• The number of Americans living in poverty has now reached a level not seen since the 1960s. There are 50 million poor people in America. There are more than 146 million Americans considered either poor or low income
  • There are over 47 million Americans on food stamps
  • The banking system backs $7.4 trillion in insured deposits with $32 billion, that’s just .43 percent
  • 1 out of 3 Americans have no savings
  • Nearly half of American’s die broke
  • There are less Americans working manufacturing jobs today than in 1950 even though the country’s population has doubled
  • The U.S. has run a trade deficit with the rest of the world of more than 8 trillion dollars since 1975
  • The U.S. Social Security system is facing a 134 trillion dollar shortfall over the next 75 years


“The employment trend in manufacturing is overwhelmingly negative and has been for nearly twenty years. This country does not simply lack manufacturing jobs, it lacks entire industries.


The Manufacturers Alliance for Productivity and Innovation (MAPI) released a report in January 2013 detailing the generational decline in manufacturing output and capacity in the United States. In general, for every two new plants that come on line, three others are shut down. For every two jobs created at one plant, three are lost somewhere else.


The companies that make up our so-called “manufacturing base” often survive, but they do so by moving jobs and production overseas. The MAPI report shows dramatic increases in overseas production and sales by the foreign affiliates of American multinationals alongside virtual stagnation of domestic metrics in the United States.” Craig Harrington, The Continued Decline of American Manufacturing,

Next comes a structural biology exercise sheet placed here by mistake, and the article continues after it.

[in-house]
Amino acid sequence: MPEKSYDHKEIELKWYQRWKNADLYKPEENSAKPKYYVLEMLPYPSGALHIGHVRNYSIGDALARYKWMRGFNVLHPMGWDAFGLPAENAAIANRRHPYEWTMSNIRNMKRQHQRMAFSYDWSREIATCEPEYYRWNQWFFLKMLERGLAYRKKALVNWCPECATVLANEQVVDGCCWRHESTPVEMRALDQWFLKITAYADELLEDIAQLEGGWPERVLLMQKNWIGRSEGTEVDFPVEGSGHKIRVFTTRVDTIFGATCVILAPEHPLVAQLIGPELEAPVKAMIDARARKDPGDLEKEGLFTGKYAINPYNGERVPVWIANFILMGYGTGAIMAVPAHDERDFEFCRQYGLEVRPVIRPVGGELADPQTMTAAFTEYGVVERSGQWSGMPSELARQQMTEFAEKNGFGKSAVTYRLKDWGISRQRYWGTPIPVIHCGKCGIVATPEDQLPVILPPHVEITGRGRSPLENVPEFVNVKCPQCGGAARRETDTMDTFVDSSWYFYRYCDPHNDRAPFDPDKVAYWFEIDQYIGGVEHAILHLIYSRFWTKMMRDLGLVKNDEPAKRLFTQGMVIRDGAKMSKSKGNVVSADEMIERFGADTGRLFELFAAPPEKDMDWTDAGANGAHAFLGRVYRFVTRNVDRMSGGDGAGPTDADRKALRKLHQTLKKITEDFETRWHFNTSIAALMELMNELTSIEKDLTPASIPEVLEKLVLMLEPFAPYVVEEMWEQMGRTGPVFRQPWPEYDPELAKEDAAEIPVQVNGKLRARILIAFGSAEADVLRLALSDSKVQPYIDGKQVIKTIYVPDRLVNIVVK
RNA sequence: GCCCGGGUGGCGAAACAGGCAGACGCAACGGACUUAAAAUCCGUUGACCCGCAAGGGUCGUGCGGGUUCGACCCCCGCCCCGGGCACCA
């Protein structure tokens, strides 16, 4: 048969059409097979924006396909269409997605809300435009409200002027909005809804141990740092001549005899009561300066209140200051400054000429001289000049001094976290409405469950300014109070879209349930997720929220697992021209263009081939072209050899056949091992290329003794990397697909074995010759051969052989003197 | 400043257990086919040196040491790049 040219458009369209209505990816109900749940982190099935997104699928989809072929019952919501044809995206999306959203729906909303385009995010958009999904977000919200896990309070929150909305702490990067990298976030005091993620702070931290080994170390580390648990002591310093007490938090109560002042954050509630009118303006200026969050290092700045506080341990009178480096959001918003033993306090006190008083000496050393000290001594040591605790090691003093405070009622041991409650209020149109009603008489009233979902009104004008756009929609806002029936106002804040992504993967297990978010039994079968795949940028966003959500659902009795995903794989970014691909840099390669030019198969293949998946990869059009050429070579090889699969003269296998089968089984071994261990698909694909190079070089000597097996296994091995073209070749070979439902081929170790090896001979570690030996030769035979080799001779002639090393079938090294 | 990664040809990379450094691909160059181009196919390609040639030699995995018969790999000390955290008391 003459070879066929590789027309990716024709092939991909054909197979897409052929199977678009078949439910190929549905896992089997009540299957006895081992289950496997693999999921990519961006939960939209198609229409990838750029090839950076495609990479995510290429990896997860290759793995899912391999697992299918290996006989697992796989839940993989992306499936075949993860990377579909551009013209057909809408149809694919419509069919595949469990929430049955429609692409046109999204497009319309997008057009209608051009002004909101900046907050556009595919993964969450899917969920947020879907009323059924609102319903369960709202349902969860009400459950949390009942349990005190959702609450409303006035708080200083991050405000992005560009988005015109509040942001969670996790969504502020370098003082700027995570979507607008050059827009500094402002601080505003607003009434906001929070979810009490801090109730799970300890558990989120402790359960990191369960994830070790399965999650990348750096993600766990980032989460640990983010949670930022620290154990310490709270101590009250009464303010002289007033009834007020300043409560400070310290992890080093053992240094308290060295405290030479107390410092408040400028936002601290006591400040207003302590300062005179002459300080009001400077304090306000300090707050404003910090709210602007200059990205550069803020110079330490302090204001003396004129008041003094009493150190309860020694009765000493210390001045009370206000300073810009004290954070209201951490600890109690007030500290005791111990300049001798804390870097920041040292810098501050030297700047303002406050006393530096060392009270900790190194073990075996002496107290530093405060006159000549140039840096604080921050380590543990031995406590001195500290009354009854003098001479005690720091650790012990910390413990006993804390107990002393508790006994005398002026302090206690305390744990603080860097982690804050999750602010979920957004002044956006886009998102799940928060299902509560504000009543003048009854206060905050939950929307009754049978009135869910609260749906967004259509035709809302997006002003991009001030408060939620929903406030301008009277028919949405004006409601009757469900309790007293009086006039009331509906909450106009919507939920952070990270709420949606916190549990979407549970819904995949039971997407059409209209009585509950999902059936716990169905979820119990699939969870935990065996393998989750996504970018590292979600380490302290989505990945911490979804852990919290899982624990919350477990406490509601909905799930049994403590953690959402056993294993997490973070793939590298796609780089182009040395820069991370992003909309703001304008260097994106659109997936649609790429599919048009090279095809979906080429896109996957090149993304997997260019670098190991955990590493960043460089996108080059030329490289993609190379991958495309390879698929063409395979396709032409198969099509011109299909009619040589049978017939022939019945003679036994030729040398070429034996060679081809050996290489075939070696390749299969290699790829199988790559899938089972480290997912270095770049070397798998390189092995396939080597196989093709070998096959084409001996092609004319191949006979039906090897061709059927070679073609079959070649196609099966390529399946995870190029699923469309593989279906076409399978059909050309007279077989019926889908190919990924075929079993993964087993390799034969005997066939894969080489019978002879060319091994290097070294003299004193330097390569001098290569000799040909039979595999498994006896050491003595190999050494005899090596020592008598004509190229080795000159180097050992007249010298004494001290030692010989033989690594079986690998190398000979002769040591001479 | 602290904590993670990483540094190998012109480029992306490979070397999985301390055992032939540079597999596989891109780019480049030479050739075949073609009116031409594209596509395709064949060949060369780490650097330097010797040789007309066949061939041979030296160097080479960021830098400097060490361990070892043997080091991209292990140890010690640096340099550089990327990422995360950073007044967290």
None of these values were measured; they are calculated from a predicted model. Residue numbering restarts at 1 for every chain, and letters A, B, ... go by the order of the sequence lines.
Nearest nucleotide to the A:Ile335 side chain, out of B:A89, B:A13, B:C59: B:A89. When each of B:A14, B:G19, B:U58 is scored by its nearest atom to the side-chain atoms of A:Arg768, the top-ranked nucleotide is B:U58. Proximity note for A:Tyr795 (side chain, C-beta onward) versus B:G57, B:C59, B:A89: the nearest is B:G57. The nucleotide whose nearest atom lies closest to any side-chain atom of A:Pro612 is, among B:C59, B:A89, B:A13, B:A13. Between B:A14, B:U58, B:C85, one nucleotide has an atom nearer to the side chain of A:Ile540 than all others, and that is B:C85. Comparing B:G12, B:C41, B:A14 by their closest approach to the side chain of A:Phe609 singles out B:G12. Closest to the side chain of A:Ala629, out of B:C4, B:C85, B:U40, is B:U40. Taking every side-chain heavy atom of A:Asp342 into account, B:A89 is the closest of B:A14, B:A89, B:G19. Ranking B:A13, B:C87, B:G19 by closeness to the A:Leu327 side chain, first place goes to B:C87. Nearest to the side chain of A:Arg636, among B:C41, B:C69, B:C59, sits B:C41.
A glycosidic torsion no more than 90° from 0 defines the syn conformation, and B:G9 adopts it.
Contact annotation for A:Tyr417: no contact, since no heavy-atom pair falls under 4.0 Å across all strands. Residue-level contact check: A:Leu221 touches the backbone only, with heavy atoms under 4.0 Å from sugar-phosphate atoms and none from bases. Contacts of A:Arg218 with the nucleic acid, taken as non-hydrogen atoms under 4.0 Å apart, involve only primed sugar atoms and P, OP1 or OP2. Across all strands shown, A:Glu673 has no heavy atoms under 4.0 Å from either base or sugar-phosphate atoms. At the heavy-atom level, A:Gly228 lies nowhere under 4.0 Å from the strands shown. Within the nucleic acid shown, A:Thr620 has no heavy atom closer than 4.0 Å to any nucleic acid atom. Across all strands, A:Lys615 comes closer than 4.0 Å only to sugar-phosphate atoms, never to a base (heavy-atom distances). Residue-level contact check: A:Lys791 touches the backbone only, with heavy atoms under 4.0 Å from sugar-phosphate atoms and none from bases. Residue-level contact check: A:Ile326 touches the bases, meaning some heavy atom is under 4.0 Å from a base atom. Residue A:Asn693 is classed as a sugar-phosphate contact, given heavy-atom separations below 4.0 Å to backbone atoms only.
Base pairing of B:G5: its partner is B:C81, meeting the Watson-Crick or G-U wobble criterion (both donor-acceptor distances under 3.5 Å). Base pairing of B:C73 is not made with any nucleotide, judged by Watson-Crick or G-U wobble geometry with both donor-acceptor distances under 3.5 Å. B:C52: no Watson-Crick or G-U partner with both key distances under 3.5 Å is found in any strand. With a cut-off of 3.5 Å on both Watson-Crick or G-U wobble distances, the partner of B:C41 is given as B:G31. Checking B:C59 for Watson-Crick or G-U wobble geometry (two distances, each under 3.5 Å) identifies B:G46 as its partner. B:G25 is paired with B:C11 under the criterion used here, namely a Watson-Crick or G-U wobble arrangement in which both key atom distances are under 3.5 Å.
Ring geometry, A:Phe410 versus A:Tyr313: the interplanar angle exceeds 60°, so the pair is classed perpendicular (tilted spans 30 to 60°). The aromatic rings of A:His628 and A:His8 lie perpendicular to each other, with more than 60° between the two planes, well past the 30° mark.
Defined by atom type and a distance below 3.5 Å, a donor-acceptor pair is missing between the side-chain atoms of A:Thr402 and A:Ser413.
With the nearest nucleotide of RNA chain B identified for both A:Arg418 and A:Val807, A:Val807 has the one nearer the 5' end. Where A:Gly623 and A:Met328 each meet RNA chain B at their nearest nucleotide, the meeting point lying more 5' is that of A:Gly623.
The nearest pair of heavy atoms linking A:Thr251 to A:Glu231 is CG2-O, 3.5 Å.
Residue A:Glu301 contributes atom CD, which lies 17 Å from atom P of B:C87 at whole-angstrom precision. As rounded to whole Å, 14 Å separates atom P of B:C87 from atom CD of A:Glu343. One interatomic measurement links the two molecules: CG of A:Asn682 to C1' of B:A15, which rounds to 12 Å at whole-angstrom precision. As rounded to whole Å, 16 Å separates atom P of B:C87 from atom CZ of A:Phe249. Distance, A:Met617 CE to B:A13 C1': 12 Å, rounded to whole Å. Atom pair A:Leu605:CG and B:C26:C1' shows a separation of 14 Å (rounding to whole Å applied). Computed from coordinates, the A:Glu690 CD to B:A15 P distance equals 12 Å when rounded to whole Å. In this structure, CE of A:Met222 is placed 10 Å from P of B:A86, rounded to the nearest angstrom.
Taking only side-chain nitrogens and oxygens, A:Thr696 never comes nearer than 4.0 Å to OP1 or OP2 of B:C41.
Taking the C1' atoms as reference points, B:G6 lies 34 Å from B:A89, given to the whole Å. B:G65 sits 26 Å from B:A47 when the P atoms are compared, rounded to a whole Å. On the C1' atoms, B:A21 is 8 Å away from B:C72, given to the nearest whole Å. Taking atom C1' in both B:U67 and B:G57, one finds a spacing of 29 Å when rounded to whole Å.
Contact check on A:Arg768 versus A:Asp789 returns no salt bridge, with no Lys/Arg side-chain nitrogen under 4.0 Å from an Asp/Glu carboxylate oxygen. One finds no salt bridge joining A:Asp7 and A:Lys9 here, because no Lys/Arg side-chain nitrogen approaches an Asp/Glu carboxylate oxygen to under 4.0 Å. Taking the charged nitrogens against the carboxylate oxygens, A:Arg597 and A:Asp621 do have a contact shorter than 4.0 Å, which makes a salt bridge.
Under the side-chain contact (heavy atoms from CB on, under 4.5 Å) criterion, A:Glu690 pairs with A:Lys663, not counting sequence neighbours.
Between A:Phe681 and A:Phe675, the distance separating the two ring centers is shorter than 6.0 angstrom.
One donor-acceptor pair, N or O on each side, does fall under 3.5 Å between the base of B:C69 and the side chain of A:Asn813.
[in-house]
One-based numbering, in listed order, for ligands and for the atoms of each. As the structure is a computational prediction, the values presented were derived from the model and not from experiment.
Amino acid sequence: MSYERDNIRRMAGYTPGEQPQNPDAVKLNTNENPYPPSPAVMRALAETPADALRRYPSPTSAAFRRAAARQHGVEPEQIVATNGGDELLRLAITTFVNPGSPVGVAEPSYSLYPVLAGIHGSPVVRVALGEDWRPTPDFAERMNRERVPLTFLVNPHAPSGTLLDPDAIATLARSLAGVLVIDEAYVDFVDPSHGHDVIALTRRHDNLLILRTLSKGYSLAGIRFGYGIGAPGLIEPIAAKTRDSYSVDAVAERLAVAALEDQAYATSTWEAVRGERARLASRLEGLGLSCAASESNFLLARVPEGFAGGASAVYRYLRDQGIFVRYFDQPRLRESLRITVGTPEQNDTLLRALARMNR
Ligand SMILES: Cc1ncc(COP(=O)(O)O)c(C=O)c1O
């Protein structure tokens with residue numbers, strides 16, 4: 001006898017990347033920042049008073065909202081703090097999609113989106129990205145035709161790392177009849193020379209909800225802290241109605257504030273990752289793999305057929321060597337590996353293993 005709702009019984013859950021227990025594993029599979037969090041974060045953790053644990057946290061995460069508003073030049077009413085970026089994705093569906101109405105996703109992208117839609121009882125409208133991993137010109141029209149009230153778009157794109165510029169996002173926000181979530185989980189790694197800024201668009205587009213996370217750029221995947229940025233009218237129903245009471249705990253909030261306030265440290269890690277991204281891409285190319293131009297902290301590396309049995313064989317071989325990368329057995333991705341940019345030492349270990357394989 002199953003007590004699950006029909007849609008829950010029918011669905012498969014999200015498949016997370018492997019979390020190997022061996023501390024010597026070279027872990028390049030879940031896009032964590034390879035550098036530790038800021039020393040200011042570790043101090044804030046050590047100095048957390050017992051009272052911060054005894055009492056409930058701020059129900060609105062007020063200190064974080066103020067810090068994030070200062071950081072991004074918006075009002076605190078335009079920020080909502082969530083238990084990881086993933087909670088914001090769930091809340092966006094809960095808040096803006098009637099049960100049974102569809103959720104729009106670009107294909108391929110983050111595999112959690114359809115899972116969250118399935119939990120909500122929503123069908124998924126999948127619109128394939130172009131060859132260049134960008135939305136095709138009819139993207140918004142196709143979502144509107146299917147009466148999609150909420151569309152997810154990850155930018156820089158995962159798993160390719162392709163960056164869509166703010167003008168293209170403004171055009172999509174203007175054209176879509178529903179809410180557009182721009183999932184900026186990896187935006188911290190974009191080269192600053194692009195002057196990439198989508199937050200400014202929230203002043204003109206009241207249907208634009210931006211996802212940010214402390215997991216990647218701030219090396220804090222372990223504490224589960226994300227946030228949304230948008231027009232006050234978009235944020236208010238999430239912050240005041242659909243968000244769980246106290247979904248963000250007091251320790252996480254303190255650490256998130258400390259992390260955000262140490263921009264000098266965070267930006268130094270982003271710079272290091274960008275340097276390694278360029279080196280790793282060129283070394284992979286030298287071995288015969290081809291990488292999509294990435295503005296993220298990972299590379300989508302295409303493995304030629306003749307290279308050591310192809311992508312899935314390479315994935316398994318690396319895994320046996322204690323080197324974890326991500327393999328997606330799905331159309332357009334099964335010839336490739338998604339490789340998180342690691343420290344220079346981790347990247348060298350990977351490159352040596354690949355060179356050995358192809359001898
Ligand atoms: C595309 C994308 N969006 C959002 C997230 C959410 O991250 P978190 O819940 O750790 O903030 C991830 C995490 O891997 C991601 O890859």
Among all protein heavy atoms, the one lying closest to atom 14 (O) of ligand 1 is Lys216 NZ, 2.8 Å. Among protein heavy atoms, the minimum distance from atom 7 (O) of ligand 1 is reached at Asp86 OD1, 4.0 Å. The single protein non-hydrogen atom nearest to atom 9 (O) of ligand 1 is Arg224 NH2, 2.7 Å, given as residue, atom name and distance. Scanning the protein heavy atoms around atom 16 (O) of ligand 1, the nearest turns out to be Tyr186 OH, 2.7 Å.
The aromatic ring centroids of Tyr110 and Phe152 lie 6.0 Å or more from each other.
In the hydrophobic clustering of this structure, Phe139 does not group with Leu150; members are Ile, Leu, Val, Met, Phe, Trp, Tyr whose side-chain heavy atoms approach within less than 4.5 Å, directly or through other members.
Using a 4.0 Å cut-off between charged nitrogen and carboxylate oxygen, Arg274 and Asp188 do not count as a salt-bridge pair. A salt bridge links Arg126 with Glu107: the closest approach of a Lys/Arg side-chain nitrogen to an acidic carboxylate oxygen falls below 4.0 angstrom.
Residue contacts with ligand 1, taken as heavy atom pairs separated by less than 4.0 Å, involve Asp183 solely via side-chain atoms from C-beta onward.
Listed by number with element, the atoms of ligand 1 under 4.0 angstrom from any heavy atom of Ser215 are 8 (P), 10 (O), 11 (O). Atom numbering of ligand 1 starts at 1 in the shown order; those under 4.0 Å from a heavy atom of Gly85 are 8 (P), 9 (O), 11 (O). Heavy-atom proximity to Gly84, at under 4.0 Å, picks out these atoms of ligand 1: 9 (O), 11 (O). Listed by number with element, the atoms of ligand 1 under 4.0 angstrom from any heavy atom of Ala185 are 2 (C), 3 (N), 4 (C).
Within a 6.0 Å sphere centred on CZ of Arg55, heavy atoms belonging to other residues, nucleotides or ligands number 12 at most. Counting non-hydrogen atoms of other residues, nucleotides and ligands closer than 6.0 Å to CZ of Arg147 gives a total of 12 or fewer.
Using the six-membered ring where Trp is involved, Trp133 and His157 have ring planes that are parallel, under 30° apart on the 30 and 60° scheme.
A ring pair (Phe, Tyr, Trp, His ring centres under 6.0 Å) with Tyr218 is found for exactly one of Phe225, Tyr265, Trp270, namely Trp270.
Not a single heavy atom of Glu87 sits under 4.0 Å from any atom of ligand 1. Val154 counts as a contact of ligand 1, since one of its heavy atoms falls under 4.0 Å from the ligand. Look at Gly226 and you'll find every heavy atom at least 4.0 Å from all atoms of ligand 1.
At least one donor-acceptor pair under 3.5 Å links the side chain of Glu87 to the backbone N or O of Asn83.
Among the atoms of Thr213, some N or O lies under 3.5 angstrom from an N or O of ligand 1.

According to the Organization for Economic Co-operation and Development (OECD), the combined government debt held by the world’s advanced economies is at its highest point since the Second World War. In 1945, the debt topped out at 116 percent of GDP; at the end of 2012 it hit 114.4 percent. The OECD says we’ll hit a new high in 2013.


Global trade has slowed. According to the World Trade Organization (WTO) international trade rose 5.2 percent in 2011, two percent in 2012 and growth has been revised downward to 3.3 percent in 2013 instead of the 4.5 percent the WTO predicted last September.


According to The Economist world GDP grew by just 2.1 percent during the first quarter of 2013. The UN Department of Economic and Social Affairs (DESA) says growth of world gross product (WGP) is now projected at 2.3 per cent in 2013, the same pace as in 2012.


In a report titled ‘Update to Global Macro Outlook 2013-14: Loss of Momentum,’ Moody's, an international credit rating agency, expected the euro area economy to experience a deeper and lengthier recession than previously thought. Moody’s also expects the real GDP growth of developed economies in the G20 countries to stand at around 1.2 percent in 2013 followed by 1.9 percent in 2014.